Experts are warning the Government a one-size-fits-all approach to New Zealand's COVID-19 messaging and response isn't going to work.
The country recorded 41 new cases of the virus on Tuesday, bringing the total number of cases in the August 2021 outbreak to 148.
More than half of cases are Pasifika people (70 percent - 104 cases), while 19 percent identify as European or Other (28 cases), 9 percent are of Asian ethnicity (13 cases), 1 percent are Māori (one case) and 1 percent are of an unknown ethnicity (two cases).
Dr Debbie Ryan, the principal of Pacific Perspectives, says a one-size-fits-all response isn't going to work to effectively get messages to the most vulnerable Kiwis.
Dr Ryan said many Kiwis speak English as a second language and the communication from the Government and health authorities on the COVID-19 outbreak should reflect that.
"We shouldn't just rely on having one press statement or one brochure."
She told Newshub the Government's COVID-19 messaging should have targeted all New Zealanders from the beginning of the pandemic.
"We tend to blame the people who haven't been reached but actually when you look back on it we could have done it correctly the first time."
Dr Apisalome Talemaitoga, a Manukau GP and Chair of the Pasifika GP network and the Pacific Chapter of the Royal NZ College of GPs, agreed the approach of health authorities during the vaccine rollout had been lacking.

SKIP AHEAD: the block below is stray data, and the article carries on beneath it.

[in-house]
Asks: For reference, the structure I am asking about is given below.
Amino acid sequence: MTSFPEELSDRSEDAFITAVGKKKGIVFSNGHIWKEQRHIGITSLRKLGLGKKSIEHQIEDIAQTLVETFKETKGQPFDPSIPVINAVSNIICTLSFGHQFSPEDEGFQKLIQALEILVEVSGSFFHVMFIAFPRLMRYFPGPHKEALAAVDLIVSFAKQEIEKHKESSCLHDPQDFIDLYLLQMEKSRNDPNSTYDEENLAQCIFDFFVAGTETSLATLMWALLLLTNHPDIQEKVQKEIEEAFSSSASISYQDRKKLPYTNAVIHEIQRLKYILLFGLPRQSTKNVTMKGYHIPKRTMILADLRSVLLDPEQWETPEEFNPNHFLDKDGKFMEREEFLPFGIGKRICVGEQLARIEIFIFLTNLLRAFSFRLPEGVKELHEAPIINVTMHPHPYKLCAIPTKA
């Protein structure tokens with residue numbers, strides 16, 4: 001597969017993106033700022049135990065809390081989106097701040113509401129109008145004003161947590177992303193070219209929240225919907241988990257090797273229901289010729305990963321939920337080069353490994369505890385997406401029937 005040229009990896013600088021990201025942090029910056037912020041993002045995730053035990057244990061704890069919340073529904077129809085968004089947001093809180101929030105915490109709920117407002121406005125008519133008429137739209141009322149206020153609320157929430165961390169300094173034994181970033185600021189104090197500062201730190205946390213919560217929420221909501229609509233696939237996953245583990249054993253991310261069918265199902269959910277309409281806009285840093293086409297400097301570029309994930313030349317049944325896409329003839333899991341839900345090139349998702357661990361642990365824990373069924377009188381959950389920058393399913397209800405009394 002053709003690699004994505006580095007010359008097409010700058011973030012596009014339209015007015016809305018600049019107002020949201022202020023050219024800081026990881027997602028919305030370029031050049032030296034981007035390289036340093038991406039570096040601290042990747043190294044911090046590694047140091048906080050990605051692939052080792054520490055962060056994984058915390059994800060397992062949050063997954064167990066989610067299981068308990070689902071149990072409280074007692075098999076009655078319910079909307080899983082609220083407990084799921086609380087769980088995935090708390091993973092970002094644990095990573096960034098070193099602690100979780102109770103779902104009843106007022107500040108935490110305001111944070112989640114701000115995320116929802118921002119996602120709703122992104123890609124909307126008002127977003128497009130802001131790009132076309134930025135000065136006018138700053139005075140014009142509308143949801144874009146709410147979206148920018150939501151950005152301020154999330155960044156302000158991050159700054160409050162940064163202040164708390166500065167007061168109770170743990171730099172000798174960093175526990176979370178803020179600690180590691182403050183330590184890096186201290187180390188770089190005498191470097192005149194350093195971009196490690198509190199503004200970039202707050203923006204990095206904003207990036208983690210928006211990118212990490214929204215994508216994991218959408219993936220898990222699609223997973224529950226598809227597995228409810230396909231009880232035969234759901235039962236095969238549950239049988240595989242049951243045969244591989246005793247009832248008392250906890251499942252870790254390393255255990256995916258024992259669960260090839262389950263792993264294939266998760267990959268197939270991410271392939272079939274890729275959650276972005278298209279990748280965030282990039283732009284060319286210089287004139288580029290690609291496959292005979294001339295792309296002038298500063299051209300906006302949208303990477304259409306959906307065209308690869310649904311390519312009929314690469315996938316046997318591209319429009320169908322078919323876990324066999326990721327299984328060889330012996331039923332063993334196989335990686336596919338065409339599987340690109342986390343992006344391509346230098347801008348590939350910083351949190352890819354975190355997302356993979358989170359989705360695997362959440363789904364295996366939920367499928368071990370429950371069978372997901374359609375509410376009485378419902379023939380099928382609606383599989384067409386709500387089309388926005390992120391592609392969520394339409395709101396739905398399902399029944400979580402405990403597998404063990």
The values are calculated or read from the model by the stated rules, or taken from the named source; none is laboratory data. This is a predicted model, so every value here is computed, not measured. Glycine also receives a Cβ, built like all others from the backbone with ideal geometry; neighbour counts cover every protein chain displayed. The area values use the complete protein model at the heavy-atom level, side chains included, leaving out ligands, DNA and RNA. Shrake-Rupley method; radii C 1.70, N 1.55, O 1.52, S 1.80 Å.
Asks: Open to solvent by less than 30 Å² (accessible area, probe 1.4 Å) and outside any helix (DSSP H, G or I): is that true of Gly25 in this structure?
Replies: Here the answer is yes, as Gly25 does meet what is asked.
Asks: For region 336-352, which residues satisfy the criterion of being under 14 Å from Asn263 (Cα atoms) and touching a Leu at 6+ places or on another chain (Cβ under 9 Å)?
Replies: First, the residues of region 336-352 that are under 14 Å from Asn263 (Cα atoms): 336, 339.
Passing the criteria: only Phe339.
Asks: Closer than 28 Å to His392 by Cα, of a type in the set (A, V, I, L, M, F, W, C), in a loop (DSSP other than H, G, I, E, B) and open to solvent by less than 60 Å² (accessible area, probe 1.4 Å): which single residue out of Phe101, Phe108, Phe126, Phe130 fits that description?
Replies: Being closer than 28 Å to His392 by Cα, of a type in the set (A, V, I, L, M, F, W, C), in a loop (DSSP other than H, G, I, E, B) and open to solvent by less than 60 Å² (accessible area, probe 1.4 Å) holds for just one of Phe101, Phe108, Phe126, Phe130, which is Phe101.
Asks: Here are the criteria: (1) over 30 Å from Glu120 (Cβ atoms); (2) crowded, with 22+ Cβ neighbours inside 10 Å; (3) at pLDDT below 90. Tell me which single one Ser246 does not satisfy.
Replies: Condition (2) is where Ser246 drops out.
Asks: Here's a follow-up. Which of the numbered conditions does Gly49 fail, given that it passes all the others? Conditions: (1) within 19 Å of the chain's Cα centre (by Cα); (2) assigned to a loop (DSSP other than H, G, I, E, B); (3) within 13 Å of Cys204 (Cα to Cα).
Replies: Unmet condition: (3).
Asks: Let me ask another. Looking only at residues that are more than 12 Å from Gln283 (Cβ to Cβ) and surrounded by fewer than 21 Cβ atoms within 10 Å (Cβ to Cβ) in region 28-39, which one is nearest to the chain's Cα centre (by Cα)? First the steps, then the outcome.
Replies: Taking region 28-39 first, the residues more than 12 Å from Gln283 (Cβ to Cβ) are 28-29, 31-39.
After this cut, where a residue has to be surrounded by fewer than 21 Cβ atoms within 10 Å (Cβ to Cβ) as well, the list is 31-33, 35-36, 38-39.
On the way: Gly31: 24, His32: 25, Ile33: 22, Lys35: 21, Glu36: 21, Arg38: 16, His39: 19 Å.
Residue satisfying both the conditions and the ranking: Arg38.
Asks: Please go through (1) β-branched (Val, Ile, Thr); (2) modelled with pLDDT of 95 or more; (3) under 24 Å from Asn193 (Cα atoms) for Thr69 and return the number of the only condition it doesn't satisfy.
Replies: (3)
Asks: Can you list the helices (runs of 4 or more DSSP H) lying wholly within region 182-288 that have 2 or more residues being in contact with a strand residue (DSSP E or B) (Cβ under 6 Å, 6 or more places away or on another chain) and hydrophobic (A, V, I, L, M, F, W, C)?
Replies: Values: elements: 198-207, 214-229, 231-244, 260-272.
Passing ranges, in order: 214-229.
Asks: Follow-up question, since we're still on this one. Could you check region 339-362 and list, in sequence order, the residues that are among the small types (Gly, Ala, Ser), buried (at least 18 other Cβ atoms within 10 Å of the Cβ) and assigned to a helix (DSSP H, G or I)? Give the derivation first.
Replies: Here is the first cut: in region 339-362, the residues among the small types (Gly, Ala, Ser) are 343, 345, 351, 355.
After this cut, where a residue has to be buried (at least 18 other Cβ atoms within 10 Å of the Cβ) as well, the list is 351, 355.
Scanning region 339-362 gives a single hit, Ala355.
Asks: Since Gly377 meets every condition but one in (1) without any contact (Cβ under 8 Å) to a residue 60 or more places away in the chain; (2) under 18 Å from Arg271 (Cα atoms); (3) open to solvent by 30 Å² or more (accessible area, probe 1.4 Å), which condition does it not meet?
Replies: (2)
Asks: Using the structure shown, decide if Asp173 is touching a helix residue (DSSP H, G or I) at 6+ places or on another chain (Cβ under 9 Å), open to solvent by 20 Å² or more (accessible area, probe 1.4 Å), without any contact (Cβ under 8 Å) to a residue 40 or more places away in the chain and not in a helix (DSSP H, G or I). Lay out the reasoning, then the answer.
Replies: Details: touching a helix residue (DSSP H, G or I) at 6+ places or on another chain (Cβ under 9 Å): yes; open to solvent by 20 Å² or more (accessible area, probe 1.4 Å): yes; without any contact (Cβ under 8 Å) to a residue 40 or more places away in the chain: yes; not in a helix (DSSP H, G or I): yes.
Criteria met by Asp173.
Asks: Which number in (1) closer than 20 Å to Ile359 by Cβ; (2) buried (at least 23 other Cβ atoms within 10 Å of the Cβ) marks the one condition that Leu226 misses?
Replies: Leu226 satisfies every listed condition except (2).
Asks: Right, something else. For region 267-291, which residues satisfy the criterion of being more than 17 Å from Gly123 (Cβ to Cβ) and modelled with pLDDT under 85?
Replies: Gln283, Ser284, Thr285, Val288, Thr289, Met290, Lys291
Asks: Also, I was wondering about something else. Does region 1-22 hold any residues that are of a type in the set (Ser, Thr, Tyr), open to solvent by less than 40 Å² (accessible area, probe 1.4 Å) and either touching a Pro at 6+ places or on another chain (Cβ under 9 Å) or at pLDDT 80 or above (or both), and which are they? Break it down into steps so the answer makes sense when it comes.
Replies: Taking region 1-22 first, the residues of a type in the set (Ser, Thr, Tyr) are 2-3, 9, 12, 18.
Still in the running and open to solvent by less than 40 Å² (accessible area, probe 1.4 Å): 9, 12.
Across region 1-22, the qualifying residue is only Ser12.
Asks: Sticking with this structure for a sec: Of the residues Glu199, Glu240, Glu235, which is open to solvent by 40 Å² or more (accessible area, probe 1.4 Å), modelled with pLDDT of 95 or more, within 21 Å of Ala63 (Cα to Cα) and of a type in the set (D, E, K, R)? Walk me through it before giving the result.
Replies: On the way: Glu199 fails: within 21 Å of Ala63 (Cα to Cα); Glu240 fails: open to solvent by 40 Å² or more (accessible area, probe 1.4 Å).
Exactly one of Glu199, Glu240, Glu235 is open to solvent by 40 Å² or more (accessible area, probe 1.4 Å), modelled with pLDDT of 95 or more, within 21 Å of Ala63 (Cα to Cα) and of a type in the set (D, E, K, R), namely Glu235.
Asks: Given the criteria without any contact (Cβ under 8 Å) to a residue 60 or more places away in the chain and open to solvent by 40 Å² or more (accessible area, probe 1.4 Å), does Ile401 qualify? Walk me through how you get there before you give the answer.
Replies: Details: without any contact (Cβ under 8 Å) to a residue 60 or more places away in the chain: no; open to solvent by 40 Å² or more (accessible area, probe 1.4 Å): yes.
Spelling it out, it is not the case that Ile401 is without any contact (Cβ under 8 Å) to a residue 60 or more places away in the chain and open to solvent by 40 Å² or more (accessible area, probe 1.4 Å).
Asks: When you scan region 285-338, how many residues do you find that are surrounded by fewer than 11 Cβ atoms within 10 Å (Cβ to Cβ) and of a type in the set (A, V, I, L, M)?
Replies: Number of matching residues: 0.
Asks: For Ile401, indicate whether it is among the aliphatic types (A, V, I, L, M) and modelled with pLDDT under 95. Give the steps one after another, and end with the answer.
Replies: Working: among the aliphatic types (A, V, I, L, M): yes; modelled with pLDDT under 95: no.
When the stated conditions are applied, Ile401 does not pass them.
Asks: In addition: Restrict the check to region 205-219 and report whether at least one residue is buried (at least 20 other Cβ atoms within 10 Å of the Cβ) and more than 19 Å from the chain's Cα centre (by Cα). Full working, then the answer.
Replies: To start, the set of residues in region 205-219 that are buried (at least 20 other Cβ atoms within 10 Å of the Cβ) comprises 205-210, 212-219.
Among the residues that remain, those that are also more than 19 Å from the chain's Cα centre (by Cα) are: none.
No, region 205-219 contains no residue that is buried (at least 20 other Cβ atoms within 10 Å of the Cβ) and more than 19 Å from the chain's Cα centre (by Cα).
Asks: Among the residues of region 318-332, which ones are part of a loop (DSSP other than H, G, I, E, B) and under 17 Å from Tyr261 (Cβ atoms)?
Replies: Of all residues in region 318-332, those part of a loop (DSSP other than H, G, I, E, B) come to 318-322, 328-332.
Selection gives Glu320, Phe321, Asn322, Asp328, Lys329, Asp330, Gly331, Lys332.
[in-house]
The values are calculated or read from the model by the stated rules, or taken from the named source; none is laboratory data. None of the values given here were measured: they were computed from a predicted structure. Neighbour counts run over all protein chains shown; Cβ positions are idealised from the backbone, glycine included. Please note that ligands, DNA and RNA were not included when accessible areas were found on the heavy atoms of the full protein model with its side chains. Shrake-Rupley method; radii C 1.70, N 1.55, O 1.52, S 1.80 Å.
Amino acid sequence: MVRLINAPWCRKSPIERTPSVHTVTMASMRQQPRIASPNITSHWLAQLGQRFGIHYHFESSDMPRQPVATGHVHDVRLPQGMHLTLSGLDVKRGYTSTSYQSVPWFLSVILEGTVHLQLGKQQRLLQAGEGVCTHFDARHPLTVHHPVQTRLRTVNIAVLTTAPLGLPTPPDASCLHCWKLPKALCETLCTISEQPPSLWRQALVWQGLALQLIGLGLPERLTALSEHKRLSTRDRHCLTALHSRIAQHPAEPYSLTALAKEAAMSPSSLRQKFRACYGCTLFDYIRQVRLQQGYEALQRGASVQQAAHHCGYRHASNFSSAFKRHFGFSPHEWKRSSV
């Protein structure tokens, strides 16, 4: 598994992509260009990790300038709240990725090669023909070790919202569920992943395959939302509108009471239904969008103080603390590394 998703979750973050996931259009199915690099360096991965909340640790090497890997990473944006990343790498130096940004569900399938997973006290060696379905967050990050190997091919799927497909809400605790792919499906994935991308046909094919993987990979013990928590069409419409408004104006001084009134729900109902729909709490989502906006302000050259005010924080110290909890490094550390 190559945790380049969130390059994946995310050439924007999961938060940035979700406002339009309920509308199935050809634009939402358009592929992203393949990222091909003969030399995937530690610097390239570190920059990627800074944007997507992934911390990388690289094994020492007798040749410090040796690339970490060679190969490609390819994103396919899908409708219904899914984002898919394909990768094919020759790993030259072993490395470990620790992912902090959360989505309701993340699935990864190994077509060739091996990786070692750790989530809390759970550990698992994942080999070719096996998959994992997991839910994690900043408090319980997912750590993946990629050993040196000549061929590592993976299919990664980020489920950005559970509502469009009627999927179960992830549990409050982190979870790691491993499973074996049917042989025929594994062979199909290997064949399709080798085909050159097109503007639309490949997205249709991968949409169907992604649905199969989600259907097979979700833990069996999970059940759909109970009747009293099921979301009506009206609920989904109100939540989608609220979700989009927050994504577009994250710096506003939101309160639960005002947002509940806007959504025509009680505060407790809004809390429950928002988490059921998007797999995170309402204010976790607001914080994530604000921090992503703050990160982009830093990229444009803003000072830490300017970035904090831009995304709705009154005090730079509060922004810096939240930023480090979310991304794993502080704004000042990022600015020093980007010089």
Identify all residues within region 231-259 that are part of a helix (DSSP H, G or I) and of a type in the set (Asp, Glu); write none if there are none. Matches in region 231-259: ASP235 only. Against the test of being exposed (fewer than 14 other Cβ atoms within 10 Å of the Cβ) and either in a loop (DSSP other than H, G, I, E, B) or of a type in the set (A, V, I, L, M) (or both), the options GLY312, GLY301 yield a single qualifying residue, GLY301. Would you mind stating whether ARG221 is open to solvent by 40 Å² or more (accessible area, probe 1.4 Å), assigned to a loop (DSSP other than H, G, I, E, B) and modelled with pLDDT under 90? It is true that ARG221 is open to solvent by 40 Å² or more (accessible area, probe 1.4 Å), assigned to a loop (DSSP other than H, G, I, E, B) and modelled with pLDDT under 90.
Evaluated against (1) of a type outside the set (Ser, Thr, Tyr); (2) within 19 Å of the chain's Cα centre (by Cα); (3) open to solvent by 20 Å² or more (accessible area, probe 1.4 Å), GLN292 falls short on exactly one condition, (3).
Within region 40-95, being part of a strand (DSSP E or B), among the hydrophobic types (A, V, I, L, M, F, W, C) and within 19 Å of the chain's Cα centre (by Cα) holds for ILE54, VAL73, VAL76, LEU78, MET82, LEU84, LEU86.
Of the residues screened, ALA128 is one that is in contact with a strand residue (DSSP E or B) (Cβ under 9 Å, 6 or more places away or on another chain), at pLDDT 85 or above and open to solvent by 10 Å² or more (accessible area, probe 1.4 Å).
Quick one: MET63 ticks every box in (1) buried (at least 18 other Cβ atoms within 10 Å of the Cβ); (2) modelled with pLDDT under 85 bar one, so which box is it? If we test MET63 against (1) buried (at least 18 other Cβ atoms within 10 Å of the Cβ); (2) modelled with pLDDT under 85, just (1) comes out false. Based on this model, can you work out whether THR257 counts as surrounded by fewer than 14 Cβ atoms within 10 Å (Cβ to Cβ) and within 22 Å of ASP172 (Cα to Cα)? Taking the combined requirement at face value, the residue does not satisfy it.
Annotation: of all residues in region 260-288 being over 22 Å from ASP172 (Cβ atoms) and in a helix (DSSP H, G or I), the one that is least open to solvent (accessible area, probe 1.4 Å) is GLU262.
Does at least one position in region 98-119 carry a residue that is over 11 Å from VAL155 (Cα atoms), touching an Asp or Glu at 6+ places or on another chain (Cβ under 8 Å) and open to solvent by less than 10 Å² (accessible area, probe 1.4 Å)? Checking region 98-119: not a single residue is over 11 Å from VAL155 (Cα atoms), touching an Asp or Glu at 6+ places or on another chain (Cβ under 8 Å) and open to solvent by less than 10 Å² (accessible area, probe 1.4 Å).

However he said there have been some recent improvements including the implementation of the 0800 Pacific phone line which allows families to make group bookings in their languages for their bubbles and an announcement of ethnic community vaccination clinics.
"We all know Pacific peoples carry a higher burden of disease and at - on average - a lower age. This is why if we as a country were serious about 'equity', then the push for vaccination for Pacific peoples right at the start (using all the tools available to us as described above) would have been done - but this approach unfortunately wasn't used.
"Now in addition to carrying the burden of COVID cases in this most recent outbreak, the Pacific community are bearing the brunt of targeted racist vitriol from a few racist small-minded key-board warriors on social media."
Dr Talemaitoga said the Ministry of Health and DHBs can work with communities with high needs to tackle deadly diseases, as seen by the meningococcal vaccination campaign nearly 20 years ago.
"The combination of the health authorities, health organisations and trusted Pacific health professionals who were known within their communities gave the push needed to get vaccination rates to a high level," he said.
He also noted that during the height of the COVID-19 pandemic last year, Pacific people had high testing rates.
"Pacific people showed how they can heed the call to help protect their communities by consistently getting the highest COVID swab testing rates per head of population for the country."